This is Frederick.  As you can see, Frederick likes his food. He also likes a drop of wine. Frederick is never without his tasting spoon, but he broke it recently in a fit of kitchen pique. Someone put chicken nuggets in his oven and he wasn't best pleased.  Frederick is a coq au vin kind of guy.  He likes his game bird-pheasant, partridge and quail. 

Frederick has connections.  The scallops in this recipe came hand delivered from Nova Scotia waters.  When I was presented with them, I had about four cents on hand.  I have not forgotten about the IOU. 

A complicated recipe this is not.  This is very simple but very satisfying dish and if you don't have Frederick's connections, some chicken or shrimp will work very well.

1 TBSP butter
2 leeks, sliced
sprinkle of nutmeg
1/3 C chicken stock
1/4 C 35% cream
sea salt
12 scallops or to taste depending on size
curry powder~either the "yellow" stuff, Tandoori, your own blend or try Patak's paste; the choice is yours

Saute leeks in butter; add stock; sweat for 10 minutes. Sprinkle with nutmeg.
Add cream.
Simmer 'til thickened.

Pat scallops dry.
Sprinkle with a little sea salt.
Give the scallops a massage with the powder or paste.
Pan fry in butter, 5 minutes a side.

Serve on leeks with a side of rice.
Serves 2; just.  Increase portions accordingly.
Great smell in the kitchen and very tasty. Putting it into steady rotation.

Friday, 9 November 2012

In Remembrance

Set aside some time on Sunday morning to take in the Remembrance Day Services.  At the very least, stop for two minutes at 11:00


Monday, 5 November 2012

The Ballet Comes to Town~Culture & Recreation II

“Oh, so you’re going to Toronto?”  No, the Ballet comes to Hamiltonians, we do not have to go to it. 

Five people in class Saturday morning. The numbers are waning and I see there is no Winter class scheduled as a result. Teen Zumba has replaced it. For those who declined to grace the class with their presence, you missed a fantastic workout. We had a one time replacement instructor and she was good. Very good. The lactic acid built up earlier than usual and at one point I felt I may have to abandon ship. Everyone walked away with the equivalent of a runner’s high.

Off to town to get the tickets. Yes, years after talking about Swan Lake, tickets were finally purchased. Ballet Jorgen were in town this past weekend. There are those who believe ballet is dead, but Jorgen celebrates its 25th anniversary this year. Jorgen believe in dance for the masses and set out to prove that it’s not an elitist event.

Haven’t walked around town for ages. Delighted to find free parking a stone’s throw away. Three hours worth.  Lots of people getting tickets to William Shatner. Not sure what kind of performance he’s giving. Heard Leonard Nimoy on the radio this week. What was I listening to?  Nimoy was in fine voice-a cult classic. Off to the market which just celebrated 175 years.  Man playing bongos outside one of the exit doors.  He was wearing the most enormous white rimmed sunglasses.

Haven’t been to the market or library since the renovations. Big controversy over stall space and size. It did seem smaller than the old market. More eclectic, though, and very busy.  What is the difference between Ontario leeks at $2 versus $3? I couldn't tell the difference.  The Charging Horsemen clock has been fully restored and can now be found in the market. Looks great.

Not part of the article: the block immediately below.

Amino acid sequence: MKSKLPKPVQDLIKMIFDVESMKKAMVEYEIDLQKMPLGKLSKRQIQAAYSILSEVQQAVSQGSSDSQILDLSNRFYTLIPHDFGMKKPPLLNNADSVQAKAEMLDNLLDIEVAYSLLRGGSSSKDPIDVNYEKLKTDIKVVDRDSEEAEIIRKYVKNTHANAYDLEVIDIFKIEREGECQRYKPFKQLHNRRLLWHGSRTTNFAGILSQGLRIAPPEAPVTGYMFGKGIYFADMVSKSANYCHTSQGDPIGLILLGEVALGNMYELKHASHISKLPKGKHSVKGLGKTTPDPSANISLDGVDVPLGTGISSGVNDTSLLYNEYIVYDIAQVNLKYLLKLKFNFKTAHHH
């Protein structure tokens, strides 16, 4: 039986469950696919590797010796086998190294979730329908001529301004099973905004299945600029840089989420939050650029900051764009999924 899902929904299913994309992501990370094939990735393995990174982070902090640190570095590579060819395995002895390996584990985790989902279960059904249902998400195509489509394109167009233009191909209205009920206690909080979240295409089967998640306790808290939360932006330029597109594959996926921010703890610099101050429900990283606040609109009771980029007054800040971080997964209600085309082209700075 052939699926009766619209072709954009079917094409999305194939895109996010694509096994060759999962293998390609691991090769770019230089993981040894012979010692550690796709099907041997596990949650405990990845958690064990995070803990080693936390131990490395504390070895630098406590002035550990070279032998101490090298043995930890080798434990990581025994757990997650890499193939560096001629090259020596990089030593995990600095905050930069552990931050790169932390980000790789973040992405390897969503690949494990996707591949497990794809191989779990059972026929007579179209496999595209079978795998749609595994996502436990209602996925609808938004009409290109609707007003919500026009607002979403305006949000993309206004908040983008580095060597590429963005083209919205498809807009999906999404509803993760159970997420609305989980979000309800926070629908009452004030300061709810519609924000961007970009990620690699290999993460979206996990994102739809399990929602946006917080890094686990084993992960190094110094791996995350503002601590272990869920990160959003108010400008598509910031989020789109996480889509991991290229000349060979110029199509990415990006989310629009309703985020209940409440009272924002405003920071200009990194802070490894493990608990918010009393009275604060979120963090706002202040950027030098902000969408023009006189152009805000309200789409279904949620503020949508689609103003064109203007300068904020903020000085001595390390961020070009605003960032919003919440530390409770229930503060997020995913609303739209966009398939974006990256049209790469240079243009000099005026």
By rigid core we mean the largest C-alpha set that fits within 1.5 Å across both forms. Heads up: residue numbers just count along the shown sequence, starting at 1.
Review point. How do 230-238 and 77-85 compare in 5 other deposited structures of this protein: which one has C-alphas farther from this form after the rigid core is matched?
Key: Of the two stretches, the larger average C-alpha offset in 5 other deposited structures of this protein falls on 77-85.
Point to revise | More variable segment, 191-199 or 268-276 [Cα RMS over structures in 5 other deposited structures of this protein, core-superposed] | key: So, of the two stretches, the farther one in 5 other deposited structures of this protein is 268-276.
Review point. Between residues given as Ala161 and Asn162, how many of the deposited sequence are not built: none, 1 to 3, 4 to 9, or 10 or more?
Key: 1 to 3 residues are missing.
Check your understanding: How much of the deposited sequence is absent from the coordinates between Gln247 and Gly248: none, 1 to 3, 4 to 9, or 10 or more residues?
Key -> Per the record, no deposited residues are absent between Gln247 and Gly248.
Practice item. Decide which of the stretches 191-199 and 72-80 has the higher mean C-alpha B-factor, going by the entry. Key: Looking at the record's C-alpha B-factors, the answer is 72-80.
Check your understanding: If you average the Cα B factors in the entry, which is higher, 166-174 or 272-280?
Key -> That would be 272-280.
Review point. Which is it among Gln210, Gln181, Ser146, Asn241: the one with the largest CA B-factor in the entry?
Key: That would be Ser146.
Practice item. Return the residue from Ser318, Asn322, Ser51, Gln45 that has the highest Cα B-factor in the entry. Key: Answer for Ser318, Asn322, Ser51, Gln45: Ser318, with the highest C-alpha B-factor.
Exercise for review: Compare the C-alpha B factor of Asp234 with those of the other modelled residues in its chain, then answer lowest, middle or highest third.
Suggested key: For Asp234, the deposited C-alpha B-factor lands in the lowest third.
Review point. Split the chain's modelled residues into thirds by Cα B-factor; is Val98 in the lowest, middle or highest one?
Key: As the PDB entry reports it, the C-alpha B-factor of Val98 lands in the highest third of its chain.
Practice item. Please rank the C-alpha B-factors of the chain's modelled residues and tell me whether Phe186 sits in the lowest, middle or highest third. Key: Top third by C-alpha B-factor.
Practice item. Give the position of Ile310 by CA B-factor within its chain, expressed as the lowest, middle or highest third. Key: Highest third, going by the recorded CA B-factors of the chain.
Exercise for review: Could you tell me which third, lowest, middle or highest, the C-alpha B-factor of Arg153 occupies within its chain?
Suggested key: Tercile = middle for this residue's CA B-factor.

Not one but two Indian pastry stalls. Stopped at Sensational Samosa.   Realized I hadn’t drunk anything after the workout and so it was probably a good time to stop and rehydrate. The library was equally packed. Both buildings are situated at the back of Jackson Square mall and one wonders how people navigate to York Blvd. The mall has always been a bit of a maze. The location takes people from the “core” (King St) to almost a back road. The Salvation Army has a huge facility across the street and there were some interesting characters(see Bongo-Man). It would be great if the market could spill out onto James North to join the shops, restaurants and cafes.  Picked up The Fry Chronicles by Stephen Fry, a continuation of Moab is My Washpot-excellent autobiography.  Fry is culture in a nutshell.
Fated to not fully shake off the cold, things turned nasty mid-afternoon and took myself to bed where, with furnace blasting and electric blanket cranked, I lay shivering for two hours.  Done in by the samosa?  The Mexican beverage? The self checkout at the library? (there was something nasty on the screen) Took three hours to rally ‘round and doped myself sufficiently to the point where I felt human again.

Back to town and it dawns on me that I haven’t eaten since 1PM.  What to do?  McDonald's for a muffin.  There are not enough bytes for me to describe the urban McDonald’s night time experience.  Don’t think I’d do it justice.  I was owed change and there was a great debate to open the second till.  I think it’s safe to say management won’t mind.

(Editor's note.  Maybe a serialization of the Mcdonald's experience?)

Long line to get in to Hamilton Place.  The doors were replaced with sliding doors a few years back.  Only problem is, operating on a sensor as they do, when the line forms to get in the building or when the smokers take their break, the doors stay open and the cold and smoke are sucked back into the building.  Thus, we all become smokers for the intermission.  There does seem to be some money floating around.  Hamilton Place is undergoing a bit of a face lift.  Confusion, though, as those that wanted the Studio Theatre lined up for Hamilton Place and vice versa.  I think a couple of light bulbs would go a long way to help get people in the right building.  Lots of men in the audience!  Was curious what the mix would be.  A young  man dropped off five women and then got quickly out of Dodge.